Li Yu

Lost in Bejing
HK/CN 2007, Director: Li Yu

Li Yu, the shooting star of the Chinese cinema

The Chinese director Yu Li was born in 1973 in the province of Shangdong. She started work as a scriptwriter and director for the state television station CCTV. Her first documentary cinema work, Jie jie, was banned. In 2001 she made her feature film debut with Jin nian xia tian, about the sexual relationship of two women.

Lost in Beijing
Young Ping Guo and her husband An Kun have come to Beijing from the provinces, where there are better jobs and wages than back home. Ping Guo works in a foot-massage salon, An as a window cleaner for skyscrapers. When Ping Guo, drunk, is raped by her boss, Lin Dong, and her husband gets wind of this, he begins blackmailing the boss. When Ping Guo becomes pregnant, her husband assumes that Lin Dong must be the father. His attempt to extort even more money from his wife's employer ends in a questionable deal.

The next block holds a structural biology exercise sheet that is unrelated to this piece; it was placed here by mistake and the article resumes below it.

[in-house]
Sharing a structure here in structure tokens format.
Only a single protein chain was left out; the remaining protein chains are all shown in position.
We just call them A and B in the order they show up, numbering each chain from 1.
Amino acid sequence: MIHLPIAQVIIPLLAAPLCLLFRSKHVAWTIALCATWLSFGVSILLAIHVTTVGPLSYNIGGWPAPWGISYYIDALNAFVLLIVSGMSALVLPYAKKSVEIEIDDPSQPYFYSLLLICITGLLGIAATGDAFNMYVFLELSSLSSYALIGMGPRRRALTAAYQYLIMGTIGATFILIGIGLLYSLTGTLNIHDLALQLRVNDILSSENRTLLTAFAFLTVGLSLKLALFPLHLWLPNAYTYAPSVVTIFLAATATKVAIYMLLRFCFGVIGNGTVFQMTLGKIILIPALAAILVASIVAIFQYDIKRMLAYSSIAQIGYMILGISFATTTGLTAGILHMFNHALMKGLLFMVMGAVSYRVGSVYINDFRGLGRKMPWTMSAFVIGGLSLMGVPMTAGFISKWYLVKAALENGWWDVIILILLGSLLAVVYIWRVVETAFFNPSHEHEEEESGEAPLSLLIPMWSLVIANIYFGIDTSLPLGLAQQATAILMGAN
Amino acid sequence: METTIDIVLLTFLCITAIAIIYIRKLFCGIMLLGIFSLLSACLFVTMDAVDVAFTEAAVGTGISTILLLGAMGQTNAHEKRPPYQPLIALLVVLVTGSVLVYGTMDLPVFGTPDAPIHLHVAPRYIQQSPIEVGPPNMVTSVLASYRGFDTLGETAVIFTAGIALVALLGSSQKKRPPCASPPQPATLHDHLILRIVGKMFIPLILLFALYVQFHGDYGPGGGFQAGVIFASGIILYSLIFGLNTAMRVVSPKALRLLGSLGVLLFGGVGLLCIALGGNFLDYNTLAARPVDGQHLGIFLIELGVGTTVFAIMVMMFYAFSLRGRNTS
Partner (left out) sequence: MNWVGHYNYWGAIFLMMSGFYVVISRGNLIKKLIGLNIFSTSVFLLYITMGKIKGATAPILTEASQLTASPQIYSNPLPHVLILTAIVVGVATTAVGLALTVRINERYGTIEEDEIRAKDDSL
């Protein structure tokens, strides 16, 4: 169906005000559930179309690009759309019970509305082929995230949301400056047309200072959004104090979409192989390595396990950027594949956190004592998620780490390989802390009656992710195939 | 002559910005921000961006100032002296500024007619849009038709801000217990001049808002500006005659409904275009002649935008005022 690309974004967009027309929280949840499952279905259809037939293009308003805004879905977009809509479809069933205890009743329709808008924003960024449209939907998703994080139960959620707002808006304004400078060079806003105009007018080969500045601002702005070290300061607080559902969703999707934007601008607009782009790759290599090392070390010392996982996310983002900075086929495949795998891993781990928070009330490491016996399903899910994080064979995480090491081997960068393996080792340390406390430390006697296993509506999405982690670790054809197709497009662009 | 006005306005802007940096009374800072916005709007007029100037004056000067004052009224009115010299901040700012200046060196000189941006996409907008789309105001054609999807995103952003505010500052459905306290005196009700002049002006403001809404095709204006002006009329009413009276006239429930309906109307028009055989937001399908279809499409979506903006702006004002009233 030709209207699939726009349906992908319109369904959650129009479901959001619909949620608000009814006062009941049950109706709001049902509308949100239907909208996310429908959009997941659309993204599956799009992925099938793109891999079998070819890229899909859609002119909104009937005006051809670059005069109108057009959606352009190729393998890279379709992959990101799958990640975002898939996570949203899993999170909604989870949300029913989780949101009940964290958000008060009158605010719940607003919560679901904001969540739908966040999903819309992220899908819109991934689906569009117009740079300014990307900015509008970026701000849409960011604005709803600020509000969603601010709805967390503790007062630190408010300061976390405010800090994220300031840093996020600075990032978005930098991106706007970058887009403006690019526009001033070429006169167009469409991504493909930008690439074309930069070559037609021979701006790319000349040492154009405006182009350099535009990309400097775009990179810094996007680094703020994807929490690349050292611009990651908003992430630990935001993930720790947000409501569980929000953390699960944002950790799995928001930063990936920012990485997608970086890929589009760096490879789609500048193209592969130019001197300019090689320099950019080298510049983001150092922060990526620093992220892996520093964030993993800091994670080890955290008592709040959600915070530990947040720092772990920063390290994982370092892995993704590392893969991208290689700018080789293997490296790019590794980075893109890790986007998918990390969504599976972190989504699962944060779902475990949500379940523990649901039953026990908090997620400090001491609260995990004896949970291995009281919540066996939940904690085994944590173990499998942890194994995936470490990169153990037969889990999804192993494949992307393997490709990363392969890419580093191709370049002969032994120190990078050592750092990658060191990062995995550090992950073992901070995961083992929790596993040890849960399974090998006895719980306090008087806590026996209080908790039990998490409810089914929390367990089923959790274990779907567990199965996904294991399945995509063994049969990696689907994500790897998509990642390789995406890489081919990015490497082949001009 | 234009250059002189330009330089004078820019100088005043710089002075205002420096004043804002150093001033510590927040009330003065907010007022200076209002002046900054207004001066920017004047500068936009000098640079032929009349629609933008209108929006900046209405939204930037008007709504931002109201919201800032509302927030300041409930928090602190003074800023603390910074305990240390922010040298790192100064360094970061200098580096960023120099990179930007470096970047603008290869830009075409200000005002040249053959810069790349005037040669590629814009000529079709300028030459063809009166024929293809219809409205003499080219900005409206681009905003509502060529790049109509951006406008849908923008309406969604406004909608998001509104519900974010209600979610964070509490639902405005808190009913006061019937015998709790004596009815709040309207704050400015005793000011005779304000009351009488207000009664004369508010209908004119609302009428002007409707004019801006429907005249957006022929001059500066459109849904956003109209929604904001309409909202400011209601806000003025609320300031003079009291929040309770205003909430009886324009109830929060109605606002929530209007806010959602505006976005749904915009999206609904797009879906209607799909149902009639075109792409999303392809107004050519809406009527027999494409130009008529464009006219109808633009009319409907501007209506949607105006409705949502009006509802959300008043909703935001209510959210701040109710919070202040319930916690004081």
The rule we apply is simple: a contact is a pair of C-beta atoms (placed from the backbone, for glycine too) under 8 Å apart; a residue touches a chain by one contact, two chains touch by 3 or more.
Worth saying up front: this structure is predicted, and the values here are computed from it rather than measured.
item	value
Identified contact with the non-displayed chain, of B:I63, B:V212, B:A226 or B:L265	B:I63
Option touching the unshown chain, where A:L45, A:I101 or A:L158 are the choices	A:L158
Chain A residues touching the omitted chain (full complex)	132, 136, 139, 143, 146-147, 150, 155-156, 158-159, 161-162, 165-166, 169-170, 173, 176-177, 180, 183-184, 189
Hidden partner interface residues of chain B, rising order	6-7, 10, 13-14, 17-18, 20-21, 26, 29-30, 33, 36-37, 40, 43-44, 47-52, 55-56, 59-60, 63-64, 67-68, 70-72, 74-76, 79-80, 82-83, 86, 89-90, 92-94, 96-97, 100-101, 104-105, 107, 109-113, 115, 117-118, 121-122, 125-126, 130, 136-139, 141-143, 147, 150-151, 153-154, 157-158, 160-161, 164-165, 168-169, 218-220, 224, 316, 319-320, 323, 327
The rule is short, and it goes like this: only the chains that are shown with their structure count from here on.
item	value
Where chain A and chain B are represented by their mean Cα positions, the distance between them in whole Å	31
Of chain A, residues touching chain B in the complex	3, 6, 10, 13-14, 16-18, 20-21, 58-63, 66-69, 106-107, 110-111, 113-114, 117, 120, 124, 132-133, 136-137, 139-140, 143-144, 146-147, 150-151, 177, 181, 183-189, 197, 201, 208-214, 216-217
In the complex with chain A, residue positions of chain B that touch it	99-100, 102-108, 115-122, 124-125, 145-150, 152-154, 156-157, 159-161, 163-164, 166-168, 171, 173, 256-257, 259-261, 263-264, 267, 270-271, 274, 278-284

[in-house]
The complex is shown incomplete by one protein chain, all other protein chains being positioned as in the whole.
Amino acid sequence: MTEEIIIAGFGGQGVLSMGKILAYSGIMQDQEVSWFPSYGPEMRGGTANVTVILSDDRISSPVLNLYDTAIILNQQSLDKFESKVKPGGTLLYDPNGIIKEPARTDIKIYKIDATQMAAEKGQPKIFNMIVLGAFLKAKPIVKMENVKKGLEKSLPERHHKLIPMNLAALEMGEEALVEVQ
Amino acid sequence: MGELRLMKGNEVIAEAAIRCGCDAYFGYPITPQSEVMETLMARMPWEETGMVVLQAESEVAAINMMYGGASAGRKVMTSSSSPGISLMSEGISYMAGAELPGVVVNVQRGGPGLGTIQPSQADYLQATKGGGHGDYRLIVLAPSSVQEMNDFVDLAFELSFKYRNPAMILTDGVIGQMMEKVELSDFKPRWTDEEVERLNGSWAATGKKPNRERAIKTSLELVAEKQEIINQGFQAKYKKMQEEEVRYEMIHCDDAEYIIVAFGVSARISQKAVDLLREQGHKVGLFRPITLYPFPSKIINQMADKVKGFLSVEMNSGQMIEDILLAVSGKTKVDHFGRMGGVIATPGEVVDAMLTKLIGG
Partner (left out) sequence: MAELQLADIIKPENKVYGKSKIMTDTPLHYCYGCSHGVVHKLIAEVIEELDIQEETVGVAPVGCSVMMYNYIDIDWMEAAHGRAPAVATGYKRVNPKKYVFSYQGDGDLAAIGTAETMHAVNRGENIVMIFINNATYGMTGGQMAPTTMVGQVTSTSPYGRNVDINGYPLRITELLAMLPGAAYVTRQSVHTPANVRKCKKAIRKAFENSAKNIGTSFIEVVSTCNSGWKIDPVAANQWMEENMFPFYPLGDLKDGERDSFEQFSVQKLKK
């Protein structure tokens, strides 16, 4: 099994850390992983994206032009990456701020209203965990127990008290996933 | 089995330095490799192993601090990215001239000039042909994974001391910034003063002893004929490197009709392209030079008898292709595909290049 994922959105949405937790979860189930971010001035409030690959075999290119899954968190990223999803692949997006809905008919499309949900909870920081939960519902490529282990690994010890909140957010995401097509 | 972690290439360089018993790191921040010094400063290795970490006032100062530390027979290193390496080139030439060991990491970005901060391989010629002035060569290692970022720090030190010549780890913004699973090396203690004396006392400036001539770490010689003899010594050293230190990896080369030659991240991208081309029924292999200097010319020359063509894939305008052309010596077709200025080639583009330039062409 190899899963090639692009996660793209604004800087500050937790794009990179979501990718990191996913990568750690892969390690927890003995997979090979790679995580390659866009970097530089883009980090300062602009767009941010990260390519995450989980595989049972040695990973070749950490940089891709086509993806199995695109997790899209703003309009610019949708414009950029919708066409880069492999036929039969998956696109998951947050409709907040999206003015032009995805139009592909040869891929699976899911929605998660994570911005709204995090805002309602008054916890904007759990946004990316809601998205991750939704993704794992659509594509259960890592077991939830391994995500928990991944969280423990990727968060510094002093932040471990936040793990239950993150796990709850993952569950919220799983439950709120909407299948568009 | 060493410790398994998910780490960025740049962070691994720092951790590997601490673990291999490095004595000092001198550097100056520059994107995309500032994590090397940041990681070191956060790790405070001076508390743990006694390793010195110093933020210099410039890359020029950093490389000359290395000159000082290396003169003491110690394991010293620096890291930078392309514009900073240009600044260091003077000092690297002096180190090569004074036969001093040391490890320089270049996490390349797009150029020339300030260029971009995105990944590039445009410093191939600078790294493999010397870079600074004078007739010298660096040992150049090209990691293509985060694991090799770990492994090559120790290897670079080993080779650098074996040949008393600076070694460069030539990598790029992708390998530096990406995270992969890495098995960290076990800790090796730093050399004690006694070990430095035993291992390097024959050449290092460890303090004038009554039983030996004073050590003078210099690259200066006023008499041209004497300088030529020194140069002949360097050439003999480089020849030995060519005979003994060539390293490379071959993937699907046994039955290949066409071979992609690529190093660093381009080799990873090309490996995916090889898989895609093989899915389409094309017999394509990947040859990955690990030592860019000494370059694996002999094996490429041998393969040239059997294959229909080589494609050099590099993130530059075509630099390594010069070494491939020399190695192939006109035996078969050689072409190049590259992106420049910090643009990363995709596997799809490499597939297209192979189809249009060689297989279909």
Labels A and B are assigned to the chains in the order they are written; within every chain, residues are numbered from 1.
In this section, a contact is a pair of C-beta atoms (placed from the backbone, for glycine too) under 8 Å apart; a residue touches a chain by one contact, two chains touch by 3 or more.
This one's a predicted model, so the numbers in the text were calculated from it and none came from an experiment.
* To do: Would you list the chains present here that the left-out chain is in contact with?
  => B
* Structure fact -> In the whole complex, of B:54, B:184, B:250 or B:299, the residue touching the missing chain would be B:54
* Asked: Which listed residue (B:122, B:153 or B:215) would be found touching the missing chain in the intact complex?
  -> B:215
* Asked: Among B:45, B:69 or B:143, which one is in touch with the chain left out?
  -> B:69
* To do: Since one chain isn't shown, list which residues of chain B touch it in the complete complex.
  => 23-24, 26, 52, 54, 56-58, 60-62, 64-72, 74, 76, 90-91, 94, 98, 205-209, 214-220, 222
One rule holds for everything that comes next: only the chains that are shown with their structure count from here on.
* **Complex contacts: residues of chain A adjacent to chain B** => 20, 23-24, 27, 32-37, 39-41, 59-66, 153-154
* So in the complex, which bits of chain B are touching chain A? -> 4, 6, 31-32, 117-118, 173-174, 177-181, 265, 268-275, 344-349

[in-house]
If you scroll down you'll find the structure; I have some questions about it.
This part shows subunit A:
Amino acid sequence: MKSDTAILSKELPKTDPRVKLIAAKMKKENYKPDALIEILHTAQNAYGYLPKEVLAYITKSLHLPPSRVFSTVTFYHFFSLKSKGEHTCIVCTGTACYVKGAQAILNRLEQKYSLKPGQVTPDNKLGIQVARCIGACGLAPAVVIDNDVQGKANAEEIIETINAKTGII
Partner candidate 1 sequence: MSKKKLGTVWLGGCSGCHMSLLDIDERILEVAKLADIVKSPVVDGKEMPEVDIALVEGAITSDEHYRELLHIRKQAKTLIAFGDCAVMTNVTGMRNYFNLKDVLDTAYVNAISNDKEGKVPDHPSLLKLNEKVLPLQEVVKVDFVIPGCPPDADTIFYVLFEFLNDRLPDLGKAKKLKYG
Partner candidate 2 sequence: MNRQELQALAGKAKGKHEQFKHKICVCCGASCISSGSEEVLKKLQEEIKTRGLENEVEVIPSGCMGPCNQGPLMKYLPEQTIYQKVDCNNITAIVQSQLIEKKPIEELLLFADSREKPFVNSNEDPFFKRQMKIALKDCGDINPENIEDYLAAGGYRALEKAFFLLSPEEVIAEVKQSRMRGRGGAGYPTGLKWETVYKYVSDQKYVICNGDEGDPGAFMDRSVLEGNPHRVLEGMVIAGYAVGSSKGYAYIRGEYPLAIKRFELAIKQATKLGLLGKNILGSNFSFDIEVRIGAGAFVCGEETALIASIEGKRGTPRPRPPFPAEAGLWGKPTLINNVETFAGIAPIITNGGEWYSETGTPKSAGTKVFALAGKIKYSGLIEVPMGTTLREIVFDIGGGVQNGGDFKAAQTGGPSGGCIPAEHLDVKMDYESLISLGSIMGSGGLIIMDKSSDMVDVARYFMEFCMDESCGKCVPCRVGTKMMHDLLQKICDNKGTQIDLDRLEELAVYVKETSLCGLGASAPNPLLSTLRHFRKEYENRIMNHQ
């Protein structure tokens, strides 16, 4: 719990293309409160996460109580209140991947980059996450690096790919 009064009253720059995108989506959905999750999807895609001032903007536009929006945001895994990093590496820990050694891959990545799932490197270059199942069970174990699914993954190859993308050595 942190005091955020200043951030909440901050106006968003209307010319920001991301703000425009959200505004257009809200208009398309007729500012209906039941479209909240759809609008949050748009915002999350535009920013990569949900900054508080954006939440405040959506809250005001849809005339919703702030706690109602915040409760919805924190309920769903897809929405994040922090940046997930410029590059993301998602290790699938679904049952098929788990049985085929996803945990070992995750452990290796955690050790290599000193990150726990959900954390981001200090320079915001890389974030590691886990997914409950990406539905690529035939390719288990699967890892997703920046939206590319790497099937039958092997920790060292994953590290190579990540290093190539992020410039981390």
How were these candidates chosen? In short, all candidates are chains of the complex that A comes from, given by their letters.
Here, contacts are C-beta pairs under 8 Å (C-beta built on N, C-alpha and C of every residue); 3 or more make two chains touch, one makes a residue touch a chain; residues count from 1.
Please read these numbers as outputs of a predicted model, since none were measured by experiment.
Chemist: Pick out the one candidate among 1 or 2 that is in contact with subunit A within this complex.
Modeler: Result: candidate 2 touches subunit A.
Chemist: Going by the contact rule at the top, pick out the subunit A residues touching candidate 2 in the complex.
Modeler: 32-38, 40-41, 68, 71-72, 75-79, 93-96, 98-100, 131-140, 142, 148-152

Right from the very first scene the DV camera stays hot on the heels of young Ping Guo in the boomtown of Beijing. The camera sticks conscientiously to this small, slim woman, jostles right behind her back, follows her everywhere she goes. Ping Guo and An Kun, the girl with the porcelain face and the illiterate with a simple but easily irritated mind: one of hundreds of thousands of similar couples in Beijing, exhausted, uncertain existences, migrants in the mega-city, precarious living, Chinese style. The camera places the audience in the same precarious situation, with flash pans, erratic zooms, images deliberately unfocused and a lurching appearance when the two of them have drunk too much beer or rice wine.